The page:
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March/1/2011

3rd Dept. Corp. Litigation Update

THIRD DEPARTMENT CORPORATE LITIGATION UPDATE
By:  Kelly Mooney Lester
Phillips Lytle LLP

(Fromthe March 2011 Newsletter

RAP Rules!  The rule against perpetuities (RAP) strikes again.  EPTL 9-1.1 (RAP) prevents parties from creating contingent interests in property that may not vest within the statutorily defined period of time.  In a unanimous decision authored by Justice Stein, the Third Department held that a contract violative of RAP on its face renders that contract null and void and divests the option-holders of any legal or record title in the subject property.  In this case, the parties entered into a written contract for sale of land and gave the buyer the sole option to purchase additional lots for future development.  The contract did not limit the time during which the options could be exercised.  The Court found the contract was violative of RAP on its face and that RAP’s "saving statute" (EPTL 9-3) did not apply because the options were not “dependent upon the action of an independent entity that would be expected to happen in the near future."  Even though the statutory period prescribed by RAPP had not yet passed, the Court deemed the contracts "null and void” and declared that “defendants hold no legal or record title to the remaining unsold lots."  TDNI Props., LLC v. Saratoga Glen Bldrs., LLC, 2011 NY Slip Op 78 - NY: Appellate Div., 3rd Dept. (January 6, 2011).

Oral Contract Claim Survives Statute of Frauds Challenge. Two contract claims survived a motion to dismiss.  The Court rejected defendant’s statute of frauds challenge finding that an oral modification "supplants the affected provisions of the underlying agreement while leaving the balance of its provisions unchanged" and, as a result, the written contract’s “at-will” termination provision survived.  The Court noted that NY’s statute of frauds is not implicated by oral agreements terminable at will “because such agreements are capable of completion within one year."  The Court also found that Plaintiff had adequately alleged breach of New York's implied covenant of good faith and fair dealing in the course of performance.  In this case, plaintiffs alleged that "defendant directed them to prepare a refund claim for 2005, but submitted its own claim and refused to review or submit the claim prepared by plaintiffs, thereby depriving plaintiffs of the benefits of the contract."  Gizara v. New York Times Co., 2011 NY Slip Op 308 - NY: Appellate Div., 3rd Dept. (January 20, 2011).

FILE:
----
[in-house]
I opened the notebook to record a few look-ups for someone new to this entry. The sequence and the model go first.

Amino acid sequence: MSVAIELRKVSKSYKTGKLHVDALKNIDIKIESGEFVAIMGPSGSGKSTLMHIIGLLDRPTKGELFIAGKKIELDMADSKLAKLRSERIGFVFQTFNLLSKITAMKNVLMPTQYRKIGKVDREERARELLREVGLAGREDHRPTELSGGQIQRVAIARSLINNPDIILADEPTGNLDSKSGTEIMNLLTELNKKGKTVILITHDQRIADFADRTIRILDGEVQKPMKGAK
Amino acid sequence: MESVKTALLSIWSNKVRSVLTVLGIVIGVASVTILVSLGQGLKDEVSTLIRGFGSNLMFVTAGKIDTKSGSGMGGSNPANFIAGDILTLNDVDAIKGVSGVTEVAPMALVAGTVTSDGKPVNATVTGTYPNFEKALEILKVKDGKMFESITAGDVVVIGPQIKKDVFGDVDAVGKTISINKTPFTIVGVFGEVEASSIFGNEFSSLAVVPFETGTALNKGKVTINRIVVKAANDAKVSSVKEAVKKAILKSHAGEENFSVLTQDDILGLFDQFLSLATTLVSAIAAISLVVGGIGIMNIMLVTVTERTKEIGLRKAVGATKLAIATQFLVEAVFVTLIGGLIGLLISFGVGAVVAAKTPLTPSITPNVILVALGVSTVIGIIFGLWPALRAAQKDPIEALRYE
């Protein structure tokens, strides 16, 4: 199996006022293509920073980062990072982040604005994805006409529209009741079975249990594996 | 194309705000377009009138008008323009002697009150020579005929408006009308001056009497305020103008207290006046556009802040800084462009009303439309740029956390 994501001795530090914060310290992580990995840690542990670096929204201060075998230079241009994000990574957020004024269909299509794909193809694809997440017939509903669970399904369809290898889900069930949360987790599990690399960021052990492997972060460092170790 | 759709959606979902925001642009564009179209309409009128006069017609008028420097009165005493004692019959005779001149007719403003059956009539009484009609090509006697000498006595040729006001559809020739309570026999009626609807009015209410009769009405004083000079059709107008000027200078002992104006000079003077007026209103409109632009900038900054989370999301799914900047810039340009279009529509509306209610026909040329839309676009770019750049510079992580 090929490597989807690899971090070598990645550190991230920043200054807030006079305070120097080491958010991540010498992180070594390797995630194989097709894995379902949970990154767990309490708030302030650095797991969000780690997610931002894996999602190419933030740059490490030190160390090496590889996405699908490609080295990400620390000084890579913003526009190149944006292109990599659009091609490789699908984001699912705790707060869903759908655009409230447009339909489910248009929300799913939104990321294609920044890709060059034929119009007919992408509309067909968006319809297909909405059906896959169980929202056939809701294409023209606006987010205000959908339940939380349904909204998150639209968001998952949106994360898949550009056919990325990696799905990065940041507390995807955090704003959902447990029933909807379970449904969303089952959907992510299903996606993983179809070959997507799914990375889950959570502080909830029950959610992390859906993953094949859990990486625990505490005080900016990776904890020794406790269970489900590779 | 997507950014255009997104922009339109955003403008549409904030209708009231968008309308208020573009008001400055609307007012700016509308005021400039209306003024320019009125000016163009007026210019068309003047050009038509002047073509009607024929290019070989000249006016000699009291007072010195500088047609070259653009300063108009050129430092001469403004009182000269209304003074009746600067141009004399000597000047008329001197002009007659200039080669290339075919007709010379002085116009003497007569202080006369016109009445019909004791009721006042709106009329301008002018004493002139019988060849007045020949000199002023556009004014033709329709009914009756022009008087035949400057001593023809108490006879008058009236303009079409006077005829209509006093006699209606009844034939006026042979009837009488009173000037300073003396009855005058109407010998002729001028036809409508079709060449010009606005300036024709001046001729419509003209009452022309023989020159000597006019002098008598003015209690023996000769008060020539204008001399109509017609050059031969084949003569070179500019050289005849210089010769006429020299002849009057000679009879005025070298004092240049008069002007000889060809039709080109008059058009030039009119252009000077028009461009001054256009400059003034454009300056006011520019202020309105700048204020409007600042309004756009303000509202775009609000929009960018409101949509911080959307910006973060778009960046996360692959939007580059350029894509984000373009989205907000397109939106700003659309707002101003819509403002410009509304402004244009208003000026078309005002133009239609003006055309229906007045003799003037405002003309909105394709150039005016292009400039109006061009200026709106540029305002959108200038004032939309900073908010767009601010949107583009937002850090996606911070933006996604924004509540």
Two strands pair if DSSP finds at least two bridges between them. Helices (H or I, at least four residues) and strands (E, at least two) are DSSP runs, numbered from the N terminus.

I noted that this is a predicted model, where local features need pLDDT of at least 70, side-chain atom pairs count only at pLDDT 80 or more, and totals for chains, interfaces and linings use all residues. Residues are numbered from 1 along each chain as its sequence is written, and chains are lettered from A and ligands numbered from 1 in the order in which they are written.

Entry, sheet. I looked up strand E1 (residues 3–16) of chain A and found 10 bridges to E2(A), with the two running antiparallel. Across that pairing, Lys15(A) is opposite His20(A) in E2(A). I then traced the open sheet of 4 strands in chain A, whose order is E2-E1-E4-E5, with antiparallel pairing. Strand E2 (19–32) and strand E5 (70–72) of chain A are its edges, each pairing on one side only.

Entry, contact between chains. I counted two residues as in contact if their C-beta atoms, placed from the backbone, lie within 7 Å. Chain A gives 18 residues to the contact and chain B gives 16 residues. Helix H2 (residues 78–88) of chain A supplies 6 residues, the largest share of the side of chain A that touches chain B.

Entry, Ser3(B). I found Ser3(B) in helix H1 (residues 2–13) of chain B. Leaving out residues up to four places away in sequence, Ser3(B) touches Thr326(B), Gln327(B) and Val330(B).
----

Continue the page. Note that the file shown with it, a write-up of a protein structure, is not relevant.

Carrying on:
Article 78 Review Denied.  The Third Department refused to hear the Article 78 petition challenging a determination rendered by the Department of Labor on a prevailing wage charge (Labor Law 220[2][a]).  The DOL withheld petitioner’s payments on two public works contracts (as well as a separate contract) on the grounds that petitioner did not meet prevailing wage requirements.  The Court found that petitioners “made a deliberate and what appears to be a calculated decision not to contest any of the allegations made by respondent in this proceeding” and dismissed its Article 78 petition. In doing so, the Court applied the long-standing rule that default judgments are not appealable to defaults taken in administrative proceedings. Matter of Matsos Contr. Corp. v. New York State Dept. of Labor, 2011 NY Slip Op 125 - NY: Appellate Div., 3rd Dept. (January 13, 2011).

Subcontractor’s “Extra Work” Contract Claims Dismissed.  Plaintiff, a subcontractor, alleged that it was owed payment for substantial work performed on a hospital expansion project prior to execution of a written contract.  Plaintiff sued the general contractor and the hospital raising claims for breach of contract, unjust enrichment, quantum meruit, and account stated.  The lower court granted summary judgment to the defendants and the Third Department upheld that determination.  The Court found that since a subcontractor cannot maintain an action for breach of contract against a party with whom it is not in privity, plaintiff could not maintain a breach of contract action against the hospital unless it alleged work performed "that was outside the scope of, and in addition to, the subject matter of its contract with" the general contractor.  The court found that defendants had met their prima facie burden based on evidence "that the three invoices identified by plaintiff as representing the extra work performed had all been paid."  The Court also found that plaintiff "failed to submit proof that it performed any other work for [the hospital] outside the scope of- and in addition to - the subject matter of its subcontract with [general contractor]."  It is on these same grounds that the Court rejected plaintiff's claims for quantum meruit and unjust enrichment. Andrew R. Mancini Assoc., Inc. v. Mary Imogene Bassett Hosp., 2011 NY Slip Op 130 - NY: Appellate Div., 3rd Dept. (January 13, 2011).






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